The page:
The opening night numbers built on the momentum generated from TNT’s Eastern Conference Finals coverage last spring, in which Turner posted a 12% year-over-year ratings gain from the 2016 playoffs.

NBA commissioner Adam Silver attributes the league’s success with Turner to the leadership of Daniels as well as Levy, whom Silver said he’s known for two decades and called one of the most accomplished and influential executives in sports media.

“Lenny Daniels shares David’s passion for developing and distributing premium programming, which makes Turner’s sports properties among the very best places to consume content, especially live sports,” Silver said. “David and Lenny are terrific partners of the NBA and continue to play a critical role in the growth of our game.” Daniels, a veteran Turner executive who took over the Turner Sports presidency in July 2014 after having served as chief operating officer of the division since 2009, said that Turner’s relationship with the NBA has only blossomed over the years.

TNT’s successful Monday-night “Players Only” package of games added last year — in which ex-NBA players handle all play-by-play and analyst duties — will return in 2018 to complement the network’s exclusive Thursday-night lineup of NBA games and the network’s popular Inside the NBA pregame and postgame series.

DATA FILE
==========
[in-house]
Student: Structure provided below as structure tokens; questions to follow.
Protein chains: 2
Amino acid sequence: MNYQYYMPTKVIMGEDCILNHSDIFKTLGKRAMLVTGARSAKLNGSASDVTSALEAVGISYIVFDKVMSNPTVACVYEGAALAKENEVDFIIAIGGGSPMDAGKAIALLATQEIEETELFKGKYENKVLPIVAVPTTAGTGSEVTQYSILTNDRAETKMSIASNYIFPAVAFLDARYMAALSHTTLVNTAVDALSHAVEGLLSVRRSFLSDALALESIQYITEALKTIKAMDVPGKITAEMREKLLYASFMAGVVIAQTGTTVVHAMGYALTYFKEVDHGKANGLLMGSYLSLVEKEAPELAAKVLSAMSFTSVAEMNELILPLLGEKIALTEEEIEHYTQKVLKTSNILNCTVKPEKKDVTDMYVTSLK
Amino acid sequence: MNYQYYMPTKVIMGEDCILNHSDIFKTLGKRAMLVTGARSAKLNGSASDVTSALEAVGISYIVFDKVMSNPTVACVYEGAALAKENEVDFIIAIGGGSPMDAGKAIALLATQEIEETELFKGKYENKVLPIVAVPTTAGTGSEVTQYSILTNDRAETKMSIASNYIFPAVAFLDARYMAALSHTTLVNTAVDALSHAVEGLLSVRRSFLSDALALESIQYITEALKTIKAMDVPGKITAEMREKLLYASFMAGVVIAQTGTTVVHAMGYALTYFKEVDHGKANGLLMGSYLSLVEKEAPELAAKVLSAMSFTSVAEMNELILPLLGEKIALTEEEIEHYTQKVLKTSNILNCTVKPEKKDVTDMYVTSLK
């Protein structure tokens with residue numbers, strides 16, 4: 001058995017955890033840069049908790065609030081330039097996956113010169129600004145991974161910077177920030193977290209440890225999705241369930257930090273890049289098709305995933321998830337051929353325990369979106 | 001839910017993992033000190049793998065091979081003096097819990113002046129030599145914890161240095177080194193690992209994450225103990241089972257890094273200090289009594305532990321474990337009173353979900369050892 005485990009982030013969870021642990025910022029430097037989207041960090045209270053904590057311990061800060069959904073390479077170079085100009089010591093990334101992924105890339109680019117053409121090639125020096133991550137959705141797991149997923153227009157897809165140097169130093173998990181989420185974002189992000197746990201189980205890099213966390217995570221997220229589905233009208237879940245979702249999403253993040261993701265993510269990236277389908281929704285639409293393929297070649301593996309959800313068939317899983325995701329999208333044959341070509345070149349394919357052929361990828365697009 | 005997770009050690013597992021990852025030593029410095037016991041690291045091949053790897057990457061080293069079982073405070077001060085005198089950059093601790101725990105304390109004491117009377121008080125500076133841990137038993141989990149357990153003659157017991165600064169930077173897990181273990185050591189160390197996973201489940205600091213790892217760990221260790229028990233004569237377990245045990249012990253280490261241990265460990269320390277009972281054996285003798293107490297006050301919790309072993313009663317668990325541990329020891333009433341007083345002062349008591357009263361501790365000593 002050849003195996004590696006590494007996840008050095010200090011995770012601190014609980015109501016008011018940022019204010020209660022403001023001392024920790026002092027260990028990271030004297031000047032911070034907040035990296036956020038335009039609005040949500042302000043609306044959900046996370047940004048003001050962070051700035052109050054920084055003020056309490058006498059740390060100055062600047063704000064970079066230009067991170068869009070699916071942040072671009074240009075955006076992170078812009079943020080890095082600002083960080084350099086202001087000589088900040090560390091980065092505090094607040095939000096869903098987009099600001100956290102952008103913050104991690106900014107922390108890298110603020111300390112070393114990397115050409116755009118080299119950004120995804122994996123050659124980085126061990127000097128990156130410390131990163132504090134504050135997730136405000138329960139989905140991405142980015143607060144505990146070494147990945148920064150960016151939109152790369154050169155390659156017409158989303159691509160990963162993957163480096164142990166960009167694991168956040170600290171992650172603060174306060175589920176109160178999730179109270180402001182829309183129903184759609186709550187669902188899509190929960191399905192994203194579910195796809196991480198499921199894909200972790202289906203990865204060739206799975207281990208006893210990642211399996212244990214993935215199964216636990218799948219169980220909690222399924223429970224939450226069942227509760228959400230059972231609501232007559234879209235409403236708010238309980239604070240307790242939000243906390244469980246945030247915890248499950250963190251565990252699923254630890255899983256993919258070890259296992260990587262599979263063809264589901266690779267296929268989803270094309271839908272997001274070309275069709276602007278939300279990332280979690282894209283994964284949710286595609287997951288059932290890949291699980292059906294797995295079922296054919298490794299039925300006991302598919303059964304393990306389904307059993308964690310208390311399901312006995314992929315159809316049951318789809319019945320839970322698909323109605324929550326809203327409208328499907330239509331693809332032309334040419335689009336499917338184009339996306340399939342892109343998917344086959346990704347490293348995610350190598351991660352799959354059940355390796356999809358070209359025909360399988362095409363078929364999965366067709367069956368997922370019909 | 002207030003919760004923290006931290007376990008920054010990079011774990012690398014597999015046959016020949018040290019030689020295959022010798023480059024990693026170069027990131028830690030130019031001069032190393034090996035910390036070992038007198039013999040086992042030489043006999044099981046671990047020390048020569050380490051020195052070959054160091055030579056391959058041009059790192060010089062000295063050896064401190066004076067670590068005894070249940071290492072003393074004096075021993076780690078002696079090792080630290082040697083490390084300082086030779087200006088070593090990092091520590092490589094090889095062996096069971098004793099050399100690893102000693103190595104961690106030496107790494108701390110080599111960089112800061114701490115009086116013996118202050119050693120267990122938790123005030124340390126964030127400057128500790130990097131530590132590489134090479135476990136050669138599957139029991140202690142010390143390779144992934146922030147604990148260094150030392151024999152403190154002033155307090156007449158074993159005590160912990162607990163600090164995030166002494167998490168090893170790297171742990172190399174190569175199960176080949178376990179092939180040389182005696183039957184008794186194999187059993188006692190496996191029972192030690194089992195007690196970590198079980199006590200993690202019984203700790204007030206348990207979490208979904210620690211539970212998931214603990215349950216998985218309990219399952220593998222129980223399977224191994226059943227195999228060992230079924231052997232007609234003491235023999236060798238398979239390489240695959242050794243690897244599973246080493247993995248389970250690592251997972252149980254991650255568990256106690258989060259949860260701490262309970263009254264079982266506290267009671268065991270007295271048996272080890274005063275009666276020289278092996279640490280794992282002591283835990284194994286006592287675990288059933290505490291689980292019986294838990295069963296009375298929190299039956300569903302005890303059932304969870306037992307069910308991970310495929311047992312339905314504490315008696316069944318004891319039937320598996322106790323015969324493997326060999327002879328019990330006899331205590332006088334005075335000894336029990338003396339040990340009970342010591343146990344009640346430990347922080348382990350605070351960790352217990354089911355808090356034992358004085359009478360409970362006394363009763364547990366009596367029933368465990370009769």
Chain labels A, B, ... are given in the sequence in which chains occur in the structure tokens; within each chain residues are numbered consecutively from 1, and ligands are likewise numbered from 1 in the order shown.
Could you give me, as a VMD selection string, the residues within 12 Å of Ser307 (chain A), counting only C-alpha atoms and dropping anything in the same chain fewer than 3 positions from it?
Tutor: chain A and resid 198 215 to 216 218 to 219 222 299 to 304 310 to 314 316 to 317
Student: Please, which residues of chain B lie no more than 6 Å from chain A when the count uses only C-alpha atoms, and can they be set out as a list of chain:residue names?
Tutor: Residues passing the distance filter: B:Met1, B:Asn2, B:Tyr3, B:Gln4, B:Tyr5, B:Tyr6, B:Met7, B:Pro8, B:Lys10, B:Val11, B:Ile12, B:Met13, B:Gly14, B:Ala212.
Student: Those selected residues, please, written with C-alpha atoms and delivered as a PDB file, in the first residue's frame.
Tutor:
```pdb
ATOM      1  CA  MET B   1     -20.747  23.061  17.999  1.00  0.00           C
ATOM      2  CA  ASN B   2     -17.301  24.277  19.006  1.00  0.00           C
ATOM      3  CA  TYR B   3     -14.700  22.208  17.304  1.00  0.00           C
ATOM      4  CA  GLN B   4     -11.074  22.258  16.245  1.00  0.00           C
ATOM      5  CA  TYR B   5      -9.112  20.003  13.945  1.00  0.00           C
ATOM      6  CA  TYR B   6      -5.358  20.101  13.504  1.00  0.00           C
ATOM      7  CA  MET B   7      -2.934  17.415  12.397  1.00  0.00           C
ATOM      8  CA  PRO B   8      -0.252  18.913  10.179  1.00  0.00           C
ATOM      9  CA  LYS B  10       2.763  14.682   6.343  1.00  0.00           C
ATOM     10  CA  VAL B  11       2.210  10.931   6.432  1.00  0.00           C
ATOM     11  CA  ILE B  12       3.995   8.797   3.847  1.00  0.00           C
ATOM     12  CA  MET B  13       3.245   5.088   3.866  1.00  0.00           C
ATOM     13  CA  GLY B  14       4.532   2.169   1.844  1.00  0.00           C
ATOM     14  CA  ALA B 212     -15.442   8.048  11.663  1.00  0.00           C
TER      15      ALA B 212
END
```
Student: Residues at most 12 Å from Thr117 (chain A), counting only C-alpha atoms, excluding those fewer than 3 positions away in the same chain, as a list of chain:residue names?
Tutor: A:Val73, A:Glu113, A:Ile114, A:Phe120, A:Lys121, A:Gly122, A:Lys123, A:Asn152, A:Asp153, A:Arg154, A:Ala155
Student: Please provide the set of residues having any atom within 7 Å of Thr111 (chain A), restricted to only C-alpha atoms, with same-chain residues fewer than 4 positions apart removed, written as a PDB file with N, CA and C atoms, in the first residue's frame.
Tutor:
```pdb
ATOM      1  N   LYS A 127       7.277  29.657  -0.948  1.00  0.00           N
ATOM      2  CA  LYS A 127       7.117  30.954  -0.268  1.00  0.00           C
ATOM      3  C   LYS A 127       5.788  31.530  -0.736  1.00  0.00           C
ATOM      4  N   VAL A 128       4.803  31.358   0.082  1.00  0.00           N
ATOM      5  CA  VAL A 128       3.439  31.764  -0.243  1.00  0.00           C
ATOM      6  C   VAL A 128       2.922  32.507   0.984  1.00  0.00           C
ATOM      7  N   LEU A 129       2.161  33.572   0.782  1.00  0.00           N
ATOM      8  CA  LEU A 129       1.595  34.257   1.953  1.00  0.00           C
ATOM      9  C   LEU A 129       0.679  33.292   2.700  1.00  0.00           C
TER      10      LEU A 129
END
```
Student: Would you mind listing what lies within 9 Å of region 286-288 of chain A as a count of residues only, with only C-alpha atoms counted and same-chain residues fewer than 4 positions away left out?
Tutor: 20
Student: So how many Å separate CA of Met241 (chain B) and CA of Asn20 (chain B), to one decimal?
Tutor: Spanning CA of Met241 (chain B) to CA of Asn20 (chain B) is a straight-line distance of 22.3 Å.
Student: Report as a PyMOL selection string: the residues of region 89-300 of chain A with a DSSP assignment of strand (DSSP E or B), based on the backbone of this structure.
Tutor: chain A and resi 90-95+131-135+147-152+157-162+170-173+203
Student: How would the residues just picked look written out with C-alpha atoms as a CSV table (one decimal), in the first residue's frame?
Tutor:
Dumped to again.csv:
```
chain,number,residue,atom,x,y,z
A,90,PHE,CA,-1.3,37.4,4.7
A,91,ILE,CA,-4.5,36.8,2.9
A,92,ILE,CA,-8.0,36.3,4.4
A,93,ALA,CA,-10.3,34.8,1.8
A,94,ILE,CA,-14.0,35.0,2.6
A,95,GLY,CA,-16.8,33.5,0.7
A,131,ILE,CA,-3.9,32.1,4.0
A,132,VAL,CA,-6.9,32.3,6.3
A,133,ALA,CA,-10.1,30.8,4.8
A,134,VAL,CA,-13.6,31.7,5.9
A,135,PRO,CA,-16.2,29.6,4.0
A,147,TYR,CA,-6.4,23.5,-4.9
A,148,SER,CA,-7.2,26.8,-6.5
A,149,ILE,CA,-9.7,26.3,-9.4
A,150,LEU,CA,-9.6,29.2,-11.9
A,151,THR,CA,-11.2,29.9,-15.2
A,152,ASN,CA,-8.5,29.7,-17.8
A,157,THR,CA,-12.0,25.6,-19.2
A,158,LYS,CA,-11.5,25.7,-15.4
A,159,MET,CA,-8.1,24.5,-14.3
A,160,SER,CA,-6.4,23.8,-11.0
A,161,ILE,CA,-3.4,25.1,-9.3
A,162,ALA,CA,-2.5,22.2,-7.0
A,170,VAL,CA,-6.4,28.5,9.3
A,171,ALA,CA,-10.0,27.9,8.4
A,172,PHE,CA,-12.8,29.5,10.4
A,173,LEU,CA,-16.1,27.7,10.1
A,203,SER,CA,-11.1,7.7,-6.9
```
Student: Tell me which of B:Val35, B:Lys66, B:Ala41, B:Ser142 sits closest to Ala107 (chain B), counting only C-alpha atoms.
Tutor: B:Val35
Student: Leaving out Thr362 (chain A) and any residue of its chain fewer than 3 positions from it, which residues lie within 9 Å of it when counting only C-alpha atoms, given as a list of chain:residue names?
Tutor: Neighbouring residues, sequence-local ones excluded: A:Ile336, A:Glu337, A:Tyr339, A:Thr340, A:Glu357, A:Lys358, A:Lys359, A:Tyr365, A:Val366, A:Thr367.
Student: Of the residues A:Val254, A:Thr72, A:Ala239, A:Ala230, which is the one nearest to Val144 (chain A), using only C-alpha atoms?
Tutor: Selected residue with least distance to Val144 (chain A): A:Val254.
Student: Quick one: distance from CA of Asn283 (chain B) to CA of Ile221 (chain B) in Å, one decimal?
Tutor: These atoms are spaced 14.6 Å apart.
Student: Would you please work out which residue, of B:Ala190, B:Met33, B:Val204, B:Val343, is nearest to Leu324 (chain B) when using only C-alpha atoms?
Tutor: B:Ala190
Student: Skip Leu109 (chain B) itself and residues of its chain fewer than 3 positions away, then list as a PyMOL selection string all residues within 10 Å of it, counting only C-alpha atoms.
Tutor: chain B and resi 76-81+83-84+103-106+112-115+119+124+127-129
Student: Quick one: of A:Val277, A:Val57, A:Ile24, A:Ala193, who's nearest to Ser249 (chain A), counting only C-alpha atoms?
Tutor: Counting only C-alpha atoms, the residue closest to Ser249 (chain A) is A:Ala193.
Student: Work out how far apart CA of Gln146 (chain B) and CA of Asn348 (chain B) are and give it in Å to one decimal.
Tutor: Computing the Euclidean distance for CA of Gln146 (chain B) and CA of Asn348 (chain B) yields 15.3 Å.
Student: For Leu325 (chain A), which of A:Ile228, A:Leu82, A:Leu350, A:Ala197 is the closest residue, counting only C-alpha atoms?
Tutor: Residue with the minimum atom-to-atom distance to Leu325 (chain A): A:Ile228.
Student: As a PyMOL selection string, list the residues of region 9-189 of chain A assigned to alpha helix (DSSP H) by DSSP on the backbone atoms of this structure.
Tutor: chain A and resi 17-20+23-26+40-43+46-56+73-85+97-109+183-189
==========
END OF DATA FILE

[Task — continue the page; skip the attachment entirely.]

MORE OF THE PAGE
“I think we work together so well that people don’t really differentiate the two entities, which I think is what makes it work,” Daniels said, referring to Turner and the NBA.

Levy, who has had oversight of the business operations of Turner’s domestic entertainment network properties since 2013, added that the network’s association with the NBA goes beyond its linear channels. Turner Sports also manages the league’s network, NBA TV, and its NBA League Pass out-of-market package of live games that stream on mobile phones, laptops and tablets.

Turner this season added a package of virtual reality games that extends the NBA experience into emerging technologies.

Turner has also proven it can also play well with other media companies as witnessed by its six-year partnership with CBS on the NCAA men’s college basketball tournament, affectionately known by most sports fans as “March Madness.”

The past spring, the two companies produced the second-most watched tournament in 23 years, with ratings for the three-week tournament generating a 16% increase over the year prior, according to Nielsen.

In addition, Turner and CBS’s March Madness Live digital interactive streaming suite of products, which includes live radio coverage of all 67 games of the tournament and other up-to-the minute game coverage, generated a record 98 million live video streams.